Drug shortages have delayed care and led to harmful medication errors. Here are some examples of reported problems:

Antibiotics: A patient with Pseudomonas infection sensitive only to amikacin died when the drug was unavailable.

Chemotherapy: Prediluted methotrexate was unavailable. A vial of drug powder was reconstituted incorrectly, so the patient received too small a dose.

Neuromuscular blockers: Cancellation of surgeries and procedures.

Morphine: Administered 10 mg/mL that was on hand instead of the typical 1 mg/mL. The patient required naloxone and was transferred to critical care.

Propofol: Wrong dosing rates used with dexmedetomidine or midazolam alternatives, leading to overdose.

Source: "Drug shortages: National survey reveals high level of frustration, low level of safety," ISMP Medication Safety Alert Acute Care, Sept. 23, 2010 (link)

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Meeting notes: Legislative actions

Issue: The long-term viability of Medicare is a concern for all Americans. Spending projections suggest that the program is on an unsustainable path, and the failure to repeal the sustainable growth rate formula has compounded budget problems.
Proposed action: The Council on Medical Service recommends that the AMA develop a report on Medicare reform strategies for the June 2012 Annual Meeting. [Adopted]

Issue: Medicare and Medicaid are using recovery audit contractors to uncover improper payments to physicians and hospitals. Contractors have scoured years of paid claims to find overpayments and recoup hundreds of millions of dollars.
Proposed action: Direct the AMA to monitor Medicare and Medicaid RAC practices and recovery statistics. The Association should encourage the Centers for Medicare & Medicaid Services to penalize RACs that engage in abusive behaviors. [Adopted]

Issue: A Florida law prohibited doctors from asking patients about gun ownership. The law was overturned by a federal judge, but doctors have concerns about efforts to prohibit discussions about firearm safety.
Proposed action: Oppose restrictions on physicians being able to inquire and talk about firearm safety issues with their patients. The AMA also would oppose laws limiting physicians' discussions. [Adopted]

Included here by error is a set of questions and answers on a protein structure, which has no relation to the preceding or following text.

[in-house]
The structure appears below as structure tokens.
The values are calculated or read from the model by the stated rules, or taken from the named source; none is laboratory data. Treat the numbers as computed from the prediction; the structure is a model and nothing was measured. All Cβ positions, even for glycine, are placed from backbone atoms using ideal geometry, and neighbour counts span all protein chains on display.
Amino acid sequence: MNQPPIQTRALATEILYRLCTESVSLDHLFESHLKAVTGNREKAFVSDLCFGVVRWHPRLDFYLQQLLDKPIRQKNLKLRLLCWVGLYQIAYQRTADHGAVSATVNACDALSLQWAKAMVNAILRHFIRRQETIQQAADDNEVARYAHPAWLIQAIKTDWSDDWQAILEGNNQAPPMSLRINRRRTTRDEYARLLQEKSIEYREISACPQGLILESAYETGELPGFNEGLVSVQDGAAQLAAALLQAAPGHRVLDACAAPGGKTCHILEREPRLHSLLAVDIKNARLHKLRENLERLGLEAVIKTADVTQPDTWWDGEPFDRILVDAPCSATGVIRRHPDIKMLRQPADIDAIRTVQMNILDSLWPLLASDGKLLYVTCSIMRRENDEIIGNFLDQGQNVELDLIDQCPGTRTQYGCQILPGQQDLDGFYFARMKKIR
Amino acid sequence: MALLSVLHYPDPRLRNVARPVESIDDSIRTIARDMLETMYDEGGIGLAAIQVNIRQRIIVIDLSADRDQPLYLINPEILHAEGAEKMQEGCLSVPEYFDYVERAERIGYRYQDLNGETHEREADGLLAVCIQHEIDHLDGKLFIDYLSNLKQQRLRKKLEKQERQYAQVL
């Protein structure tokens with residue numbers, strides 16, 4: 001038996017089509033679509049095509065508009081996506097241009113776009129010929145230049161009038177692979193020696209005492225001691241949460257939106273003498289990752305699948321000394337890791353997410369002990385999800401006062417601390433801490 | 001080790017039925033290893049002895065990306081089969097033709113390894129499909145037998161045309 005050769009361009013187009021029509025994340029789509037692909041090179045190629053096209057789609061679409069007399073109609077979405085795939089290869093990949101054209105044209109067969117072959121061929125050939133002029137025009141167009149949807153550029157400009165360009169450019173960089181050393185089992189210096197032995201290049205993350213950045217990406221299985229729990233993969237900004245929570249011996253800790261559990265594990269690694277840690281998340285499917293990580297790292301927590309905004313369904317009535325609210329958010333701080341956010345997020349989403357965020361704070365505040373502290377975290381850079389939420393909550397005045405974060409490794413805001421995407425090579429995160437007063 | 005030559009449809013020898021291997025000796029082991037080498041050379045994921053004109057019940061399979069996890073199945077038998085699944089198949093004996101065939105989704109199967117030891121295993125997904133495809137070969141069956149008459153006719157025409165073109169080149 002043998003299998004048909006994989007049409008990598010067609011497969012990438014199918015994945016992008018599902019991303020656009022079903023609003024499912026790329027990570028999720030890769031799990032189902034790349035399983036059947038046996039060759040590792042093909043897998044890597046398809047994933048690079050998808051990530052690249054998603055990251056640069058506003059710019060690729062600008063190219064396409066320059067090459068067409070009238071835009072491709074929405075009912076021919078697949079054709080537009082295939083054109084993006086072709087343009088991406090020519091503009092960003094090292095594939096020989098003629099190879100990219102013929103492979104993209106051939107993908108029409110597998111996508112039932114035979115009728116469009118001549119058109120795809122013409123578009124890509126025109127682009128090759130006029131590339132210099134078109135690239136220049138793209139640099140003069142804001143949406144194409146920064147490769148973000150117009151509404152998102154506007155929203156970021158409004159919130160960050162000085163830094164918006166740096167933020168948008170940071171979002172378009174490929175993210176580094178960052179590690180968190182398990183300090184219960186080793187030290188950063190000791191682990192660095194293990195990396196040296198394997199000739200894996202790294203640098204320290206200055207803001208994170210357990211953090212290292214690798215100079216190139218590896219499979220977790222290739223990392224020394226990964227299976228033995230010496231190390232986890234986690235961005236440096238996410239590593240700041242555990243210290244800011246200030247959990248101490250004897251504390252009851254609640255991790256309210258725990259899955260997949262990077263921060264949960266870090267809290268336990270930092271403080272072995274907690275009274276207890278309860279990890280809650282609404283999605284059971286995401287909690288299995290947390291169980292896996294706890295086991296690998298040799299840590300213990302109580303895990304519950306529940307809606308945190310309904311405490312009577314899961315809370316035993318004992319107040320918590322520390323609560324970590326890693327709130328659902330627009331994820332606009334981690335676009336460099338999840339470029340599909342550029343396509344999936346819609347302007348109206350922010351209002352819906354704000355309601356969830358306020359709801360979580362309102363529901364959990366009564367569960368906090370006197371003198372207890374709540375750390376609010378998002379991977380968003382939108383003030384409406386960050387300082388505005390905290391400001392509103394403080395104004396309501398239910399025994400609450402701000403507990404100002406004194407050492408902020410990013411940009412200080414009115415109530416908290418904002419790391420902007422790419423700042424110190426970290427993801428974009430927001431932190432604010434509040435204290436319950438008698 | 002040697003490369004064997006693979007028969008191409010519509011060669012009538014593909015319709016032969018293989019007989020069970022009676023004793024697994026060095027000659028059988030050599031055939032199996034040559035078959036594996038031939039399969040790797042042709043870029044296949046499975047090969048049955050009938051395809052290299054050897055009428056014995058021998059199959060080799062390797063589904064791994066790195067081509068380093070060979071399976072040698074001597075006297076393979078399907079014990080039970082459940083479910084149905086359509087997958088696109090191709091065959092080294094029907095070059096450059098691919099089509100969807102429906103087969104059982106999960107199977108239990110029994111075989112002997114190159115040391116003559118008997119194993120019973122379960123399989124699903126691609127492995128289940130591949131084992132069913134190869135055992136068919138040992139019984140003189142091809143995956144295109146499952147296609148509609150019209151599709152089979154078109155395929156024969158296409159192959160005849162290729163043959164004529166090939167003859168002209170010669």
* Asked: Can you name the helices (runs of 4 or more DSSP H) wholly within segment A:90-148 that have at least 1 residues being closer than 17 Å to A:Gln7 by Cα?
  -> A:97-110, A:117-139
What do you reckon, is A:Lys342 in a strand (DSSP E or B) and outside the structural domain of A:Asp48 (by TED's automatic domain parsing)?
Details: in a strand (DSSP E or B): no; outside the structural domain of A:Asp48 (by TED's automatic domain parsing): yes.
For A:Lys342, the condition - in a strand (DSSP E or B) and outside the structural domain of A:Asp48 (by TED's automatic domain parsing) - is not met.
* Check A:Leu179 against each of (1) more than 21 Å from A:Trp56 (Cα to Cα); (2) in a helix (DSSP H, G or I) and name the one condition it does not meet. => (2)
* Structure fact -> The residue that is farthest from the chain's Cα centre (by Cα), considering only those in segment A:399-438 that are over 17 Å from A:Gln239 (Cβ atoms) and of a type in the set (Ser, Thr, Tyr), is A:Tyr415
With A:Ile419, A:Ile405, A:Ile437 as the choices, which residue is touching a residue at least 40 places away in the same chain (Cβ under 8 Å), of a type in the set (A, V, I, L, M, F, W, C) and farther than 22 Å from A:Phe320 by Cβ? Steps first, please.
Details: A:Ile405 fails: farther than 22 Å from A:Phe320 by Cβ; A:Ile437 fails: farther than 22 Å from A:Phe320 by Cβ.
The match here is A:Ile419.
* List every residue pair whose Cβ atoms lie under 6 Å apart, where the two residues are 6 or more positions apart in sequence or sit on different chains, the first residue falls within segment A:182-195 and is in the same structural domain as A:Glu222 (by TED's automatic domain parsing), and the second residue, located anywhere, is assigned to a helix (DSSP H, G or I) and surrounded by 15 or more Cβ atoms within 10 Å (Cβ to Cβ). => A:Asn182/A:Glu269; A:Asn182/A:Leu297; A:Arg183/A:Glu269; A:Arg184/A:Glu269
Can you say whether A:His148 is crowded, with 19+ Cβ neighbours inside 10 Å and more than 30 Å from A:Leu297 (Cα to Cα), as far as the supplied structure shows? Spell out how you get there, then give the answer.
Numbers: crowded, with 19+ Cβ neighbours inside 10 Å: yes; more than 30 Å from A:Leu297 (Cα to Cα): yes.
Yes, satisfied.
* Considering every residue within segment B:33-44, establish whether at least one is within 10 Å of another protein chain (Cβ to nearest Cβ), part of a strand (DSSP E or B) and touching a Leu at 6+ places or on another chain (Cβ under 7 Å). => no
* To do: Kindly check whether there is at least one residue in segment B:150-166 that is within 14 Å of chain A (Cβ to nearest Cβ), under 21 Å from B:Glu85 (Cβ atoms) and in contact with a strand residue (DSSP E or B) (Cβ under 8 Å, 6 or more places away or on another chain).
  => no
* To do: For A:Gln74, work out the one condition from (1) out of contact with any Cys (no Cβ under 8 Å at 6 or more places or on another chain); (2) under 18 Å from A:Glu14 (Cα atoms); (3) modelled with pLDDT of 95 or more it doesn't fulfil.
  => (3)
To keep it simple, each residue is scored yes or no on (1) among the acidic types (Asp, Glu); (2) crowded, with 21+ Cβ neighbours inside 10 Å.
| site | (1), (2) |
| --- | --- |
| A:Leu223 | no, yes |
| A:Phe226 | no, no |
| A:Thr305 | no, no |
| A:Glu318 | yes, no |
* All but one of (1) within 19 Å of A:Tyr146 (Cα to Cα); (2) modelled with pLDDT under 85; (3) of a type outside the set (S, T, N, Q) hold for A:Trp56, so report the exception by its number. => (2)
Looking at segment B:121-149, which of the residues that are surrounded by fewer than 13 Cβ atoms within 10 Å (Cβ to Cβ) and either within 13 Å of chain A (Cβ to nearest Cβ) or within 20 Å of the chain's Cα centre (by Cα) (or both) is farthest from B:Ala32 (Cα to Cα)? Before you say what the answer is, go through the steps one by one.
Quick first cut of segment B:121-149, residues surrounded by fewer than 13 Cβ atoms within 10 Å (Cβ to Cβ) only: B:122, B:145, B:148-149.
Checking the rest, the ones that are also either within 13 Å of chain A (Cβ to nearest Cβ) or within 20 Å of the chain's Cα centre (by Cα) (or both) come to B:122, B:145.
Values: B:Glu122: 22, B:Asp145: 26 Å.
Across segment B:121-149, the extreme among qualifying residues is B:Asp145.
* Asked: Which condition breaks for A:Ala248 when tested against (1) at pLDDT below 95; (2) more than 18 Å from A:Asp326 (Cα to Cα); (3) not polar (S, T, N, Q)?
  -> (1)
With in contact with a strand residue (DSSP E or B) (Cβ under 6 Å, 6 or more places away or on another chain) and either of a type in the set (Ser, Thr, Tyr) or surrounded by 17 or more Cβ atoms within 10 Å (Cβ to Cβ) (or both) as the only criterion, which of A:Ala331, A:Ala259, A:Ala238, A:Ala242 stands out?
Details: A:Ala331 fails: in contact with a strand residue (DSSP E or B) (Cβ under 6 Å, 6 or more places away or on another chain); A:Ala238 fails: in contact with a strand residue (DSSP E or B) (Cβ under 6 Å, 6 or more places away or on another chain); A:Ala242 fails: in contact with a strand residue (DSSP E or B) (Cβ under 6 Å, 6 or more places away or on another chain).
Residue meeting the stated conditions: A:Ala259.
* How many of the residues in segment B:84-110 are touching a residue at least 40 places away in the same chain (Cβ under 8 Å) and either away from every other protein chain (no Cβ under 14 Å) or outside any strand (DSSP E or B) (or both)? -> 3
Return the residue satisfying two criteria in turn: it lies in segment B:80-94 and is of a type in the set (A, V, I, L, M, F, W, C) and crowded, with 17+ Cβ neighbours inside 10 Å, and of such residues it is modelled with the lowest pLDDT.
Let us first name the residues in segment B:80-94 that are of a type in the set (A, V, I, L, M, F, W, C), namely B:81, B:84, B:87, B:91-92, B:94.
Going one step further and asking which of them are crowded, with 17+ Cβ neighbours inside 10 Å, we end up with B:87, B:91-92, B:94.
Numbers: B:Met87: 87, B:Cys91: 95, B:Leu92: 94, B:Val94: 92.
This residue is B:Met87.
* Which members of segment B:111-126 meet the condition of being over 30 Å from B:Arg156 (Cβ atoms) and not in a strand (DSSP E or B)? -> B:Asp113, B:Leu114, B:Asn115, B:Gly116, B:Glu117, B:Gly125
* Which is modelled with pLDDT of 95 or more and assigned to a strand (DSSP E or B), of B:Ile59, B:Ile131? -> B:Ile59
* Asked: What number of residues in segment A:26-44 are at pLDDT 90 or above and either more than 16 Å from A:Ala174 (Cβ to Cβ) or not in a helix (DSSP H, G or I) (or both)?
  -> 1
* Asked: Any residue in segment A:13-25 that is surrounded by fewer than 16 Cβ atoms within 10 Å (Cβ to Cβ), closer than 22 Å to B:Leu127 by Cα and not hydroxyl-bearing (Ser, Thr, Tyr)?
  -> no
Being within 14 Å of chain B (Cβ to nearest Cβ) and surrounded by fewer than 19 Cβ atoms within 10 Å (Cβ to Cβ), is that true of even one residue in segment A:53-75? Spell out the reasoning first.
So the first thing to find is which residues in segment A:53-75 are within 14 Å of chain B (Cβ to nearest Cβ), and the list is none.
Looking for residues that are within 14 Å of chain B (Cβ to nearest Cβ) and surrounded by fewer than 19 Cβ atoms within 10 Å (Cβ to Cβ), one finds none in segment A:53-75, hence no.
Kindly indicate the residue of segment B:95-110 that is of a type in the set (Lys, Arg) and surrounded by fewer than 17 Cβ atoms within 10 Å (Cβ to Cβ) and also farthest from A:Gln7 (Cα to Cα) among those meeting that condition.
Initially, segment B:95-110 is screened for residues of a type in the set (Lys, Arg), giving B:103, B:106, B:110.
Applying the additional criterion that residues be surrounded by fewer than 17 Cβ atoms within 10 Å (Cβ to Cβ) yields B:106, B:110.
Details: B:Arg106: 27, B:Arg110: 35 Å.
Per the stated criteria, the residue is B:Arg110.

Issue: Some communities have tried to ban infant male circumcision and have questioned the health benefits of the surgery. Doctors have argued that a physician's clinical judgment and informed decisions of parents should not be impeded.
Proposed action: Oppose any attempt to prohibit male infant circumcision. [Adopted]

Issue: Medicare program auditors are moving to review electronic medical records due to concerns about billing systems that overvalue services. Cloning of patient data on subsequent visits, "auto-fill" functions and other EMR features could lead to improper payments to physicians, Medicare officials have said.
Proposed action: Direct the AMA to lead an effort with CMS to set guidance for entities auditing EMR documentation. [Adopted]

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External links

Food and Drug Administration's drug shortages website (link)

American Society of Health-System Pharmacists Drug Shortages Resource Center (link)

"Buyer beware: Drug shortages and the gray market," Premier Inc., August (link)

"Economic Analysis of the Causes of Drug Shortages," Dept. of Health and Human Services' Office of the Assistant Secretary for Planning and Evaluation, October (link)

Thomas, the federal legislative information service, for bill summary, status and full text of the Preserving Access to Life-Saving Medications Act, S 296 and HR 2245 (link)

"Drug Shortages: A closer look at products, suppliers and volume volatility," IMS Institute for Healthcare Informatics, November (link)

"Drug shortages: National survey reveals high level of frustration, low level of safety," ISMP Medication Safety Alert Acute Care, Sept. 23, 2010 (link)